High cholesterol occurs when there is too much or an unhealthy balance of cholesterol in the blood.  Your body needs some cholesterol for healthy functioning but too much is dangerous to your health.  High cholesterol has no symptoms.  The only way to find out if you have high cholesterol is to get tested with a simple blood test.  High cholesterol is treated with lifestyle changes, dietary changes, and medications.  Untreated high cholesterol increases the risk for heart and blood vessel disease, including heart attack and stroke.


  • Eating high-fat or high-cholesterol foods
  • Familial hypercholesterolemia: that is inherited.
  • Medical conditions: liver disease, diabetes, Cushing’s syndrome, kidney disease, or an underactive thyroid
  • Medications: birth control pills, estrogen, corticosteroids, some diuretics, and beta-blockers
  • Lifestyle factors: smoking, excessive alcohol consumption, and lack of exercise
  • Excess weight can increase your LDL level. 

Both children and adults can have high cholesterol.  Cholesterol levels tend to increase with age.  For women, cholesterol typically increases around menopause.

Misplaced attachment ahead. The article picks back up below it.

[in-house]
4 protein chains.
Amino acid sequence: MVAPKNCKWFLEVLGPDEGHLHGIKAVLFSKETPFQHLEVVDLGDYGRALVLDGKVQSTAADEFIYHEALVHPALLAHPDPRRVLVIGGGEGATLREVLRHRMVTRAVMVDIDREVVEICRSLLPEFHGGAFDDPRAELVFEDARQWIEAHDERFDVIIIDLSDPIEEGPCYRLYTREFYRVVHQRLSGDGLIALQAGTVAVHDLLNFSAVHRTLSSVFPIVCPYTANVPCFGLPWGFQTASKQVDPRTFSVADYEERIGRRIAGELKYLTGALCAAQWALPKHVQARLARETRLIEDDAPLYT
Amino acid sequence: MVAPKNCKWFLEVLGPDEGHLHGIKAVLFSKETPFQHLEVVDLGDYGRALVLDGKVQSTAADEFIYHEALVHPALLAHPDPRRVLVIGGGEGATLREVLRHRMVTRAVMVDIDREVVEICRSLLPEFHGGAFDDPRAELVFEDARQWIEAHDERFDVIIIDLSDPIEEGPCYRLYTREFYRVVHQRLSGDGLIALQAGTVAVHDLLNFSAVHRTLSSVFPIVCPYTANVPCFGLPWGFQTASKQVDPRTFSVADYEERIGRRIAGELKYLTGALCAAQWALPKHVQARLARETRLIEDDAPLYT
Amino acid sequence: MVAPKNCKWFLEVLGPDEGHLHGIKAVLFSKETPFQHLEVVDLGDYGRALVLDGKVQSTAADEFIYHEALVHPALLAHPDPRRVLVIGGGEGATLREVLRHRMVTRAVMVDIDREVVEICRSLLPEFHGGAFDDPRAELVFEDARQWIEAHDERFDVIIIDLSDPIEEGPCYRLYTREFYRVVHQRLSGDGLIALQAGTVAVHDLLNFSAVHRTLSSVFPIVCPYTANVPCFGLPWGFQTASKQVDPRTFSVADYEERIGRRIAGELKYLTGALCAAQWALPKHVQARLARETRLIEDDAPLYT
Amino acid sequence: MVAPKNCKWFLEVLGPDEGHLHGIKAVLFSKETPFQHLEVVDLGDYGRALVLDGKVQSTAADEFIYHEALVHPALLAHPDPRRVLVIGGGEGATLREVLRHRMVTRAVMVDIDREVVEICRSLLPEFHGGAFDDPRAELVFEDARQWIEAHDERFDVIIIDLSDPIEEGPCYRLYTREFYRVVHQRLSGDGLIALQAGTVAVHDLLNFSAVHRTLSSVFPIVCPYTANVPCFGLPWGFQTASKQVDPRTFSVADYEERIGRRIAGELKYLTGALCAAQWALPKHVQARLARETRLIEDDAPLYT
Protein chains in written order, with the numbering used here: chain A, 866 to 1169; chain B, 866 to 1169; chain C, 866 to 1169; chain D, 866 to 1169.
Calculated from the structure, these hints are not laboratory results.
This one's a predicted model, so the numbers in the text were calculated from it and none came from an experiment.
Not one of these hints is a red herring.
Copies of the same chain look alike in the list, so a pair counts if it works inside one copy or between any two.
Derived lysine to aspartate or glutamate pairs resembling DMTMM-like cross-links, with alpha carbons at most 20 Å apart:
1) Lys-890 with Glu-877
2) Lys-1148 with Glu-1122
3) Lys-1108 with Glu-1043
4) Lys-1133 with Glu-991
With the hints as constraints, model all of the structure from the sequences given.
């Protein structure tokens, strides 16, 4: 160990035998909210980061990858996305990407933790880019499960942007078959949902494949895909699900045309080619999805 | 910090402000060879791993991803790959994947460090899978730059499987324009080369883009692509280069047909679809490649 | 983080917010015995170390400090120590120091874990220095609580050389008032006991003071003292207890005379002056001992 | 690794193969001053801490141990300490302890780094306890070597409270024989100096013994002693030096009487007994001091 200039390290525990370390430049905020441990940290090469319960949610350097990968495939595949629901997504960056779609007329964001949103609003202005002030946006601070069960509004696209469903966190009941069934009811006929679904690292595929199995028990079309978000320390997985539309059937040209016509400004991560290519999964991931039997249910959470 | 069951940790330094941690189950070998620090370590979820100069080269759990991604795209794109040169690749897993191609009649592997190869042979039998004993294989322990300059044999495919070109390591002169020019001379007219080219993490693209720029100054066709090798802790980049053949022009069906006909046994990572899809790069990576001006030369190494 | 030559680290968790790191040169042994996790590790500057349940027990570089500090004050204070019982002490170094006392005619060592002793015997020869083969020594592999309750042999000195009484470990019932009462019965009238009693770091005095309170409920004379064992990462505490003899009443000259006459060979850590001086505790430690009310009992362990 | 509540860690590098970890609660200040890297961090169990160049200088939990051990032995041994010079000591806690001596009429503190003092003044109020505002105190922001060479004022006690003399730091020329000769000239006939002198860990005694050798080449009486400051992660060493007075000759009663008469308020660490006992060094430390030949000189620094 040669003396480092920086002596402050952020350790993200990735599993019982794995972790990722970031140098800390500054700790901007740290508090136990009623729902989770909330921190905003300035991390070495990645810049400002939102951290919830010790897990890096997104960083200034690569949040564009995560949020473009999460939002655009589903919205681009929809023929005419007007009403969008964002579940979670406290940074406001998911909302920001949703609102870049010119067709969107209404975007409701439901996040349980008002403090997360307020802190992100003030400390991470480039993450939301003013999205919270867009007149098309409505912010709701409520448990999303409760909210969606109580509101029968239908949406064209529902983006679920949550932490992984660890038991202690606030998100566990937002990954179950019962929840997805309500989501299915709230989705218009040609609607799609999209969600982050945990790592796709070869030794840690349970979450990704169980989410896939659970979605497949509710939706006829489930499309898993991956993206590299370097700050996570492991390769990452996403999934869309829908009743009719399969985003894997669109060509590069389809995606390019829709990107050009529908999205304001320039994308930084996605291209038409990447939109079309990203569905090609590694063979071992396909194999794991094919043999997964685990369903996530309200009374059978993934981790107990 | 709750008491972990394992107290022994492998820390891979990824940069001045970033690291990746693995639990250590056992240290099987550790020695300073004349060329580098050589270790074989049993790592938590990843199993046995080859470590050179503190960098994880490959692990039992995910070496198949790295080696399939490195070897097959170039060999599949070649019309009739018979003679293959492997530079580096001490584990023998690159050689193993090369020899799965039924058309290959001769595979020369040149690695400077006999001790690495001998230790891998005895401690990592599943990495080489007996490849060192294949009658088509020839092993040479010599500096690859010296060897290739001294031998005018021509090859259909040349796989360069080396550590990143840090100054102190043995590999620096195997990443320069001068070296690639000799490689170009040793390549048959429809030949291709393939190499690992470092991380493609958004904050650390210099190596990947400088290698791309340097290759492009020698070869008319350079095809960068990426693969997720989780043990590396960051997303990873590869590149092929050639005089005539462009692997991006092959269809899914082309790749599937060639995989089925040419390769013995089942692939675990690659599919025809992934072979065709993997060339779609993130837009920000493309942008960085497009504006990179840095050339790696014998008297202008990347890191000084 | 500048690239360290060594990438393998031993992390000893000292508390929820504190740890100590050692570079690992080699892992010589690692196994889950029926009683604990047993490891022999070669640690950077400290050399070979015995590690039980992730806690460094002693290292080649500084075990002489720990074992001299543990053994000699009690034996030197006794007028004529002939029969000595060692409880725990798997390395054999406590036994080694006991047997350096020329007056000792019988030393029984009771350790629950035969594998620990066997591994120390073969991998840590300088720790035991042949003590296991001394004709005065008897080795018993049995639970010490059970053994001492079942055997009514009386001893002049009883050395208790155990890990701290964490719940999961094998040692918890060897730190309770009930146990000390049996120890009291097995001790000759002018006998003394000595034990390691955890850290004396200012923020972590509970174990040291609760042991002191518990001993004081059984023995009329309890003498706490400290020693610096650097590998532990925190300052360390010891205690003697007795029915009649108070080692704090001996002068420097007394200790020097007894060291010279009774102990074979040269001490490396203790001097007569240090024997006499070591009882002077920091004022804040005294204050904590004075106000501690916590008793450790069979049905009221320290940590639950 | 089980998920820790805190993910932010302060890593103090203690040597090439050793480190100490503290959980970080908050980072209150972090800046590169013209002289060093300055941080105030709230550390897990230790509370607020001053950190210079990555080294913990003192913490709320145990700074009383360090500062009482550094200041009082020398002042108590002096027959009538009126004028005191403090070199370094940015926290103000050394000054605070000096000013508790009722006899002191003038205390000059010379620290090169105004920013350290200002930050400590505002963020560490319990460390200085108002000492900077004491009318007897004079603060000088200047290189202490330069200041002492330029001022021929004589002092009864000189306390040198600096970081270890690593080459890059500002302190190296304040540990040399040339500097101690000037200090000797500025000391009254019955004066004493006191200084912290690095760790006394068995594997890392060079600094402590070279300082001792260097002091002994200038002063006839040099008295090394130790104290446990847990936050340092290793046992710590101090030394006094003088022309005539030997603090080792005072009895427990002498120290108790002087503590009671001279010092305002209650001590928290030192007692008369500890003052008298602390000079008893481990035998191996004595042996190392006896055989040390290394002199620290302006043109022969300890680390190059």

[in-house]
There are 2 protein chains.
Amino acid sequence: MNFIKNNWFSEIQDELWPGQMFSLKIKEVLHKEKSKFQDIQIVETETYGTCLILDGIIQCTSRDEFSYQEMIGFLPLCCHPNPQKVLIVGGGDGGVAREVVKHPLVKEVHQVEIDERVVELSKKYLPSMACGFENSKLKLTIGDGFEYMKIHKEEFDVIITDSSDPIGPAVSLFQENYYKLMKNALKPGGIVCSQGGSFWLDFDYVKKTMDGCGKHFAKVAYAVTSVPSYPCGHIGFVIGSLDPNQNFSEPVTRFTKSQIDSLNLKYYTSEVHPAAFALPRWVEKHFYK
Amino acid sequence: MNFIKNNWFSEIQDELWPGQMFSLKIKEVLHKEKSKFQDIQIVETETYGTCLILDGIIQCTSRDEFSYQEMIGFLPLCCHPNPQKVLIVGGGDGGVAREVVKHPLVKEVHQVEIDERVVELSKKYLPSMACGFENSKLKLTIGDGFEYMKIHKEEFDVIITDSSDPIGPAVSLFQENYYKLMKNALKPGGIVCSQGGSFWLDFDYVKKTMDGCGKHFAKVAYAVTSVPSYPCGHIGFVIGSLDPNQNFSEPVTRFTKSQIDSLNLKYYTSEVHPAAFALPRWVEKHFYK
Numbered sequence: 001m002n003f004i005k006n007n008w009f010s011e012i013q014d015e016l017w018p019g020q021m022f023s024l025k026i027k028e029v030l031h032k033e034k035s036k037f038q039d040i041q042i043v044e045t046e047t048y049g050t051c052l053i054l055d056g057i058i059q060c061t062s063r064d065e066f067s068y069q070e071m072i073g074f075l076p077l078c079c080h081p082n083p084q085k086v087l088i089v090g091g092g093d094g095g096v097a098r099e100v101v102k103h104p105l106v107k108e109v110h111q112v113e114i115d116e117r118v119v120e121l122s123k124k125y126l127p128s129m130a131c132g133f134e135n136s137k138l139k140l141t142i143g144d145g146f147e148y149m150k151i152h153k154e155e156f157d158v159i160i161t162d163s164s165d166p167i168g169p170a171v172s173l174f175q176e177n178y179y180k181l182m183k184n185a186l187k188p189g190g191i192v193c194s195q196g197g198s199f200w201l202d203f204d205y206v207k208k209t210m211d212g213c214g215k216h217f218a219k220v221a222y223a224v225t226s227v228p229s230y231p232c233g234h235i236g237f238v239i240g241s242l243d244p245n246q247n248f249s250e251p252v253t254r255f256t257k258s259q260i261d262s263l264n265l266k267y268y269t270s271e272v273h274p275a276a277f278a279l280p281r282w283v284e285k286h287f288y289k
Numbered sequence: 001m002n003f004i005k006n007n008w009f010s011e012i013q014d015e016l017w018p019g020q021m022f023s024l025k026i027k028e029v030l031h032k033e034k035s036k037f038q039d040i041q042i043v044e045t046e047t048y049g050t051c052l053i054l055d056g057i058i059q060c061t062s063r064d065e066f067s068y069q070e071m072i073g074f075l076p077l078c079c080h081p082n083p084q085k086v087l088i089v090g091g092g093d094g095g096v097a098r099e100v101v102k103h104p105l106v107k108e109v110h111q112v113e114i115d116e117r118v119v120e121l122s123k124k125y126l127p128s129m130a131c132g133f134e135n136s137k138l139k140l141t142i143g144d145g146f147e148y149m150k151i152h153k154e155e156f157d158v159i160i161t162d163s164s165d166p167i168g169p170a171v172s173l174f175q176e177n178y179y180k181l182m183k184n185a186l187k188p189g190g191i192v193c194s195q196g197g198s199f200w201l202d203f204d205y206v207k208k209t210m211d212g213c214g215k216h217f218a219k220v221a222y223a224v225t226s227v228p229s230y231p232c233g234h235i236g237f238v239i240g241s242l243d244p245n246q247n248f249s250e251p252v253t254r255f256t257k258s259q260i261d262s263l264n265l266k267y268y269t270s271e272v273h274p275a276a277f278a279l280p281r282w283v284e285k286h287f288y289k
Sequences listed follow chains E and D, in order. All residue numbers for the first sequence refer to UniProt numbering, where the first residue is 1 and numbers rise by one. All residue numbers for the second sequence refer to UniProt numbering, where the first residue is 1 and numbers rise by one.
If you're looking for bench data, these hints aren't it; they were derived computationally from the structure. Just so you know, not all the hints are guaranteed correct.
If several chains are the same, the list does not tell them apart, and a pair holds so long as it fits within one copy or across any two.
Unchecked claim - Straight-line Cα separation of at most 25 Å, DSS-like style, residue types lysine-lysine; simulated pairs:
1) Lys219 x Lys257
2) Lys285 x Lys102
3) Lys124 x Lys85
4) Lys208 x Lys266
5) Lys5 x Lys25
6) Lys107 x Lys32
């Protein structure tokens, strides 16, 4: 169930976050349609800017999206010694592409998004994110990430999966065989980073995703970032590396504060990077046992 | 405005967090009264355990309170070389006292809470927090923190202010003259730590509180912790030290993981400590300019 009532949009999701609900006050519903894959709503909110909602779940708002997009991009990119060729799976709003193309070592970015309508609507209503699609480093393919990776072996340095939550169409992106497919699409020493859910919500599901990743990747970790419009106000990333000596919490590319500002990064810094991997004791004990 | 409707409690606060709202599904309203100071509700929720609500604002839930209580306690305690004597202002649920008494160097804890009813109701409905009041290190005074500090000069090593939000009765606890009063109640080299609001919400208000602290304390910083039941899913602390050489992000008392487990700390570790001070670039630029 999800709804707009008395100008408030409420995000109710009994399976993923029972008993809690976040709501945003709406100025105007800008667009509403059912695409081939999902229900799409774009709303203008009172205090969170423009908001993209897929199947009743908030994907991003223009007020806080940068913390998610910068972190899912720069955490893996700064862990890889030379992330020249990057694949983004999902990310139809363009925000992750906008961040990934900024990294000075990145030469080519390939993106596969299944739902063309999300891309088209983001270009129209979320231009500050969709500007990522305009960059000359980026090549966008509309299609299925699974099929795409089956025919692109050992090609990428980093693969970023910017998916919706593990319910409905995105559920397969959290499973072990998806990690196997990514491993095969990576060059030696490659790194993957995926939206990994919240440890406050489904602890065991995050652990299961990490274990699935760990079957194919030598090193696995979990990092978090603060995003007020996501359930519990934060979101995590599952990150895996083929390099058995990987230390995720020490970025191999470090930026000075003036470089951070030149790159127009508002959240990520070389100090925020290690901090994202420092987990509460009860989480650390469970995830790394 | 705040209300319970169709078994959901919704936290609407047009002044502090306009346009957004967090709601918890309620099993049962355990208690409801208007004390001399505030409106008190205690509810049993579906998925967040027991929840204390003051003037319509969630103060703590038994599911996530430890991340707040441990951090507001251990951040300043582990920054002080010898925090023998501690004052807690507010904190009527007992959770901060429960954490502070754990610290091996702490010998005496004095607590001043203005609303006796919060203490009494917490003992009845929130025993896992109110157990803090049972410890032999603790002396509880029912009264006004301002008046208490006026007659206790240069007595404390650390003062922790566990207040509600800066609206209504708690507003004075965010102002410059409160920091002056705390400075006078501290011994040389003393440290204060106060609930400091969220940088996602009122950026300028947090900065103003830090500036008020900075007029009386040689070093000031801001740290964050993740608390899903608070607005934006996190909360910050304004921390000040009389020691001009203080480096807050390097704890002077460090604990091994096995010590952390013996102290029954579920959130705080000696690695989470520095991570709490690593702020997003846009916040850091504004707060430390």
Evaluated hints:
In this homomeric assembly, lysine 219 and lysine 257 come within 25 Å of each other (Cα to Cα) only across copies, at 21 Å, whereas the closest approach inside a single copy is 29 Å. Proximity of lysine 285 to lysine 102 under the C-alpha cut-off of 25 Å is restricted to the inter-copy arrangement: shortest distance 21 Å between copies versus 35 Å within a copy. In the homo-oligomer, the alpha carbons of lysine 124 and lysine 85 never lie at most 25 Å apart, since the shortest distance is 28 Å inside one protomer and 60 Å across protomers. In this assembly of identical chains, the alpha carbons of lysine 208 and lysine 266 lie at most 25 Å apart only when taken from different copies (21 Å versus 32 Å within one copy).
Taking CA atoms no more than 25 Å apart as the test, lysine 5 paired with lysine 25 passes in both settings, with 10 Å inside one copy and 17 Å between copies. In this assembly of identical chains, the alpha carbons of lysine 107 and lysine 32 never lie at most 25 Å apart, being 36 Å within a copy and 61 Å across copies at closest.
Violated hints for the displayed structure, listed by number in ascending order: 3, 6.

Diagnosis: Our total cholesterol level can be identified with a blood test. A total cholesterol of 200 mg/dL or lower is desirable and puts you at a lower risk for heart disease. The higher your total cholesterol, the greater your risk for heart disease. A total cholesterol of 200-239 mg/dL is considered borderline high. High total cholesterol readings are 240 mg/dL and greater. Triglycerides are fats that are used to build cholesterol.  High levels of triglycerides can contribute to heart disease. Optimally, you want your LDL results to be low, your HDL rates to be high, and your triglyceride rates to be low to reduce your risk for heart disease. 

Treatment: The goal of treatment for high cholesterol is to lower cholesterol levels into the healthy ranges to reduce the risk of heart disease. High cholesterol is treated with lifestyle changes, special diets, and medications.

Lifestyle change: includes not smoking, losing weight, maintaining a healthy weight, and exercising regularly.

Diet: eat a low fat, low cholesterol, high fiber diet.

Medication: If lifestyle and dietary changes alone do not lower your cholesterol into healthy ranges, your doctor will prescribe cholesterol lowering medications. 

After being diagnosed with high cholesterol, you will receive regular monitoring by your doctor.  Your doctor will evaluate your cholesterol levels, the effectiveness of your medications, and check for any medication side effects.